Key Words: culture, family, identity, marriage, same-sex marriage.
Who would have guessed that the institution of marriage was in so much trouble? In the midst of the battle over same-sex marriage, which seems to be all about declaring marriage something worth fighting for, everyone else seems to be worrying about whether the family as a social institution, and marriage along with it, are collapsing into nothingness, dragging with them all that we value in our daily lives. Most of the articles prepared for this issue try to address this issue, arguing that marriage is evolving out of existence, that it is being replaced by cohabitation or some other domestic configuration, or that it can readily adapt to any challenges being thrown its way. Reading these essays was a bit like being surrounded by children battling over their mothers' virtues-"your mama's never getting married," versus "she is too." So is this a real issue, or are academics who specialize in the study of marriage and the family just trying to drum up business? A number of themes present themselves in these contributions, and I tackle them one by one, adding my comments to the mix as I proceed.
I come to this topic from two perspectives, first as a cultural anthropologist, and second as a specialist in U.S. cultures, particularly in ethnographic studies of lesbian and gay families. That background colors my reading of the articles in a number of ways. As an anthropologist, I find it problematic to universalize from patterns that obtain in U.S. cultures, or to assume American cultural formations as normative in any way. Even when studying middle-class Americans, the questions I ask are filtered through the cross-cultural lens that is the hallmark of anthropology as much as they are shaped by a commitment to an ethic of cultural relativism. Although this relativism is not absolute and can permit for public intervention, it does mean that I assume that people's real lives and their accounts of those lives make sense in some way, particularly if one takes the time to understand them contextually.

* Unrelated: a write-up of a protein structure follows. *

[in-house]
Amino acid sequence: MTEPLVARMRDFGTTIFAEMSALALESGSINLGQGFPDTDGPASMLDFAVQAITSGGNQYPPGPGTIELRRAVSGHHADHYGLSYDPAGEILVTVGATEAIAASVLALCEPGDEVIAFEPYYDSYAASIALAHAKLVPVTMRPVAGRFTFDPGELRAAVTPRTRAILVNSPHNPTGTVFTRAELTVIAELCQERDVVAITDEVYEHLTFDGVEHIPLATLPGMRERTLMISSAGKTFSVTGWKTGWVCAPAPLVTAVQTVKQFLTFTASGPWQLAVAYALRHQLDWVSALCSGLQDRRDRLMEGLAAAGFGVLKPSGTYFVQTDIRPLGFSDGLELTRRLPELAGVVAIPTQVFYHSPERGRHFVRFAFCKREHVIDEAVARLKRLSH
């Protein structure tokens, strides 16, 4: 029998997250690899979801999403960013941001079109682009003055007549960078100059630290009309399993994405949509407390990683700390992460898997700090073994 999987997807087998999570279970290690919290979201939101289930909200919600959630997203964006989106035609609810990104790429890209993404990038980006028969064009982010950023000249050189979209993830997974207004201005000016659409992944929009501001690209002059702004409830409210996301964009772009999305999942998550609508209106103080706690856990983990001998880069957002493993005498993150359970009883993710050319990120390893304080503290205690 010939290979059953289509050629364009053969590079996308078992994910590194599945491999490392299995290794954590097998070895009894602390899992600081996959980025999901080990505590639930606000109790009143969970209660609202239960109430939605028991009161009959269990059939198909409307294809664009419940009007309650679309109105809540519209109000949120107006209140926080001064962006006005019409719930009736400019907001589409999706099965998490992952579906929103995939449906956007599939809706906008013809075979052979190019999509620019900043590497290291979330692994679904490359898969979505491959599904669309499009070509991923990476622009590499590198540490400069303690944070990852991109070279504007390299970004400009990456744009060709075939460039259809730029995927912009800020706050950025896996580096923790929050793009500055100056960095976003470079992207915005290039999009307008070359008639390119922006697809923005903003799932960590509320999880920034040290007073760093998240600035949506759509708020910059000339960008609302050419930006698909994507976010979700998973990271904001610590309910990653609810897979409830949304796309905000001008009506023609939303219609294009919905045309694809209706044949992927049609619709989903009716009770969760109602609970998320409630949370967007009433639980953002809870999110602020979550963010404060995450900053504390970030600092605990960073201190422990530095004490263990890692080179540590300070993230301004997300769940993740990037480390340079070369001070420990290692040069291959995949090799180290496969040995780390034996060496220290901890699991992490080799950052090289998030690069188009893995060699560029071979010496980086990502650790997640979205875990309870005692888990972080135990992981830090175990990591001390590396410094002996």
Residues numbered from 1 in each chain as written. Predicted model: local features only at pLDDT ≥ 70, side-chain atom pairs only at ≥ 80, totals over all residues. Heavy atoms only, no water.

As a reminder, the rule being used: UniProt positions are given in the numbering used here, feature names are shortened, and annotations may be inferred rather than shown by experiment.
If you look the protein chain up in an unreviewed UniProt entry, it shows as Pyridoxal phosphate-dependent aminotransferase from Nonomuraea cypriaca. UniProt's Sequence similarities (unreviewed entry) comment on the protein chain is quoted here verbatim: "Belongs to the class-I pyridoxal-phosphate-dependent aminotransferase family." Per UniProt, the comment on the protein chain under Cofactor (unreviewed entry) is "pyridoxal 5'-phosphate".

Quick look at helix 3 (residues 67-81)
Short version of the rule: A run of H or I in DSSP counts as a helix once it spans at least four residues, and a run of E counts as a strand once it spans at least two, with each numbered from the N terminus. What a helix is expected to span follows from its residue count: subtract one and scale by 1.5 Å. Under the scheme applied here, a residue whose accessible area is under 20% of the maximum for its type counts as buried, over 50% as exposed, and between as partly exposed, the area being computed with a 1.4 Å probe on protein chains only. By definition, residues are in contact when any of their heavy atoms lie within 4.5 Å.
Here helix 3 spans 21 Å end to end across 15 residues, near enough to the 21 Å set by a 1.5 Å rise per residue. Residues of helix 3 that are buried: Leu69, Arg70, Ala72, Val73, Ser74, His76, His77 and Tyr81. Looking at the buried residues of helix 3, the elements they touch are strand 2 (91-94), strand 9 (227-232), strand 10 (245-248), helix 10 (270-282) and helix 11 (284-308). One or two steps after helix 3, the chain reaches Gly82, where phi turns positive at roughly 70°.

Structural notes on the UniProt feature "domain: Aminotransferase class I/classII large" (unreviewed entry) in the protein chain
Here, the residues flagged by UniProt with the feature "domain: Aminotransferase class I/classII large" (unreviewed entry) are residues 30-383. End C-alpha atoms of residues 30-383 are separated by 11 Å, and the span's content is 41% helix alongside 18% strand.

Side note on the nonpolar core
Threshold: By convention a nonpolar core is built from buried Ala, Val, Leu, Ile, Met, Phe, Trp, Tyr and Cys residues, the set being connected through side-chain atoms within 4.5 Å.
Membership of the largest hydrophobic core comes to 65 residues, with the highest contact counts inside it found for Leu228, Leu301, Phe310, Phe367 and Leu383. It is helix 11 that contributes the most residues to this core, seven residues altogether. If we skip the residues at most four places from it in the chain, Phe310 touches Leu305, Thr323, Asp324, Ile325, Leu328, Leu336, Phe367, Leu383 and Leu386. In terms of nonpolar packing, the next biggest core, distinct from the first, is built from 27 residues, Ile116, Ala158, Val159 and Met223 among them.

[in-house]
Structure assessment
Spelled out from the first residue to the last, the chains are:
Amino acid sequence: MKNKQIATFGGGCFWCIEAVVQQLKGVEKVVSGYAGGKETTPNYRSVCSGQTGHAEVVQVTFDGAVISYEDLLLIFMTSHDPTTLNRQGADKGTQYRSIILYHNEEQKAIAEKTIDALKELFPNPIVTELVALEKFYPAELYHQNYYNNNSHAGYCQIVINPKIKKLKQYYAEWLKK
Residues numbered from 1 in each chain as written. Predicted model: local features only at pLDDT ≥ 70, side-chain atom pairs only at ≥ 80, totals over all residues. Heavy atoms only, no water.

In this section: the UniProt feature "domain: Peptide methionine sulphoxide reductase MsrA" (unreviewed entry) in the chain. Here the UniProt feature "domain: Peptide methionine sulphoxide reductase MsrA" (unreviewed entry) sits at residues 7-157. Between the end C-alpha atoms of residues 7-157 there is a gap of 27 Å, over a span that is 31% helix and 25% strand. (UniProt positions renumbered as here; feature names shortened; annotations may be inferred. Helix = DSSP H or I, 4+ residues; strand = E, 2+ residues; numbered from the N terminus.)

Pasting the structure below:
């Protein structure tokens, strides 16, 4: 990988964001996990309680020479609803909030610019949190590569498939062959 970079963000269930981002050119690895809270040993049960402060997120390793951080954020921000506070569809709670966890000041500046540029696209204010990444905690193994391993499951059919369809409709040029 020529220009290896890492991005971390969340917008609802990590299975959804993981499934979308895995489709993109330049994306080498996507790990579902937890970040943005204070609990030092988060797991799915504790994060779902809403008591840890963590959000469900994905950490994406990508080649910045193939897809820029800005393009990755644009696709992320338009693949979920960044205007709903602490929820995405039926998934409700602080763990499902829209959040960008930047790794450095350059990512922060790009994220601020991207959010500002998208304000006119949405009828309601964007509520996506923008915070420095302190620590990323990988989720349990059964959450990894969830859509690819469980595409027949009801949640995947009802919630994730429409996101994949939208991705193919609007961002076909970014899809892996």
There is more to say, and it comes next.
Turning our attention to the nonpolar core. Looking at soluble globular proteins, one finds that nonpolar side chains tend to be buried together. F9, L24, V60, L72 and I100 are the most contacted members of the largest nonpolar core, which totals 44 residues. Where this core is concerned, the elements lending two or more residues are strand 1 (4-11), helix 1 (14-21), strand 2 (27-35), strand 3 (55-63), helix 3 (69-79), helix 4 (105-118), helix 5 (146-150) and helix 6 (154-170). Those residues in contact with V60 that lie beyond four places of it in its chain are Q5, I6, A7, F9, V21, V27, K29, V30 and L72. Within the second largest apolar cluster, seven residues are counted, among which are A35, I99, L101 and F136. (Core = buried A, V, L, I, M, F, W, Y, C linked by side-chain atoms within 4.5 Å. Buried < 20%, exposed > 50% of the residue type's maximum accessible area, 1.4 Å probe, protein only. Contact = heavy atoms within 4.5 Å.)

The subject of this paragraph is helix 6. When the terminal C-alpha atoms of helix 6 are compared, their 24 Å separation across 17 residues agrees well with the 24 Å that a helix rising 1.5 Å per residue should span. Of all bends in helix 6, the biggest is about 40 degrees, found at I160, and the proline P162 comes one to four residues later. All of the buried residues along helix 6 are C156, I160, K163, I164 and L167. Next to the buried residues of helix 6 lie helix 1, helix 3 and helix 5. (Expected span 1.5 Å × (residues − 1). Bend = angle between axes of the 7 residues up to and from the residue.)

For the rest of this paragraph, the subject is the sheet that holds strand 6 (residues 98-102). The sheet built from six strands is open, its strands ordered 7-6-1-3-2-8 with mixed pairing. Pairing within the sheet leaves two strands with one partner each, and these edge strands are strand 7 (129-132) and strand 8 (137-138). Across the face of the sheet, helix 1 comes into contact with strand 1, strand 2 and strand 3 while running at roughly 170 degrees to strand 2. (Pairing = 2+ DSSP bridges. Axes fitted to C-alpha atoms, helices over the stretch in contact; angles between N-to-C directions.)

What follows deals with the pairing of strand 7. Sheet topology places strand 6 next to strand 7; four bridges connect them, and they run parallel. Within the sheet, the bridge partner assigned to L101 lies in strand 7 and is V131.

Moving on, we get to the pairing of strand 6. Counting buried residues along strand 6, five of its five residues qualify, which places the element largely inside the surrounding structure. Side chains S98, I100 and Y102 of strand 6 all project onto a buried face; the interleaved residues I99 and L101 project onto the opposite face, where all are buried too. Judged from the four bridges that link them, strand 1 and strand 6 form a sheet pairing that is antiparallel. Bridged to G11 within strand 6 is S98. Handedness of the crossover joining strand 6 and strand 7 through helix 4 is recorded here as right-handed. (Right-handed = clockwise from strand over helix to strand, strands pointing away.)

My location in cultural anthropology also commits me to research methods that are based in ethnographic fieldwork and that depend on long-term participant observation undertaken in natural settings. It generally precludes experimental methods and particularly leads me to question the validity of research that occurs in artificial locations such as laboratories. Although some anthropologists conceptualize their work as social science and make use of forms of measurement and statistical verification that are familiar to sociologists and demographers, I consider myself a practitioner of an interpretive discipline, and, insofar as the ethnographic product is highly contingent and situationally variable, emphatically not a scientist.
I also come to these articles after a long career of studying family formations that seemingly hover at the margins of culture, and with a commitment to understanding how agency and pragmatic action motivates conditions often taken to be simply "natural." My first book, Lesbian Mothers: Accounts of Gender in American Culture (Lewin, 1993), compared the narratives produced by lesbian mothers and heterosexual single mothers, locating their stories in themes that revealed shared cultural phrasings of motherhood. In that work, my concern was to understand how lesbian mothers, who most people saw as a bundle of cultural contradictions-if not outright oxymoronic-constructed their identities and made sense of their dual position as lesbians and as mothers. I sought to document the narrative strategies they used in this process, and to describe how they responded to the varied challenges they faced as mothers, particularly as lesbian mothers. What I found was a story far more embedded in what might be considered the hegemonic ideology of motherhood than I ever anticipated, a story that allowed lesbian mothers to claim motherhood as a source of personal goodness and as an identity to which they had an entitlement grounded in nature. …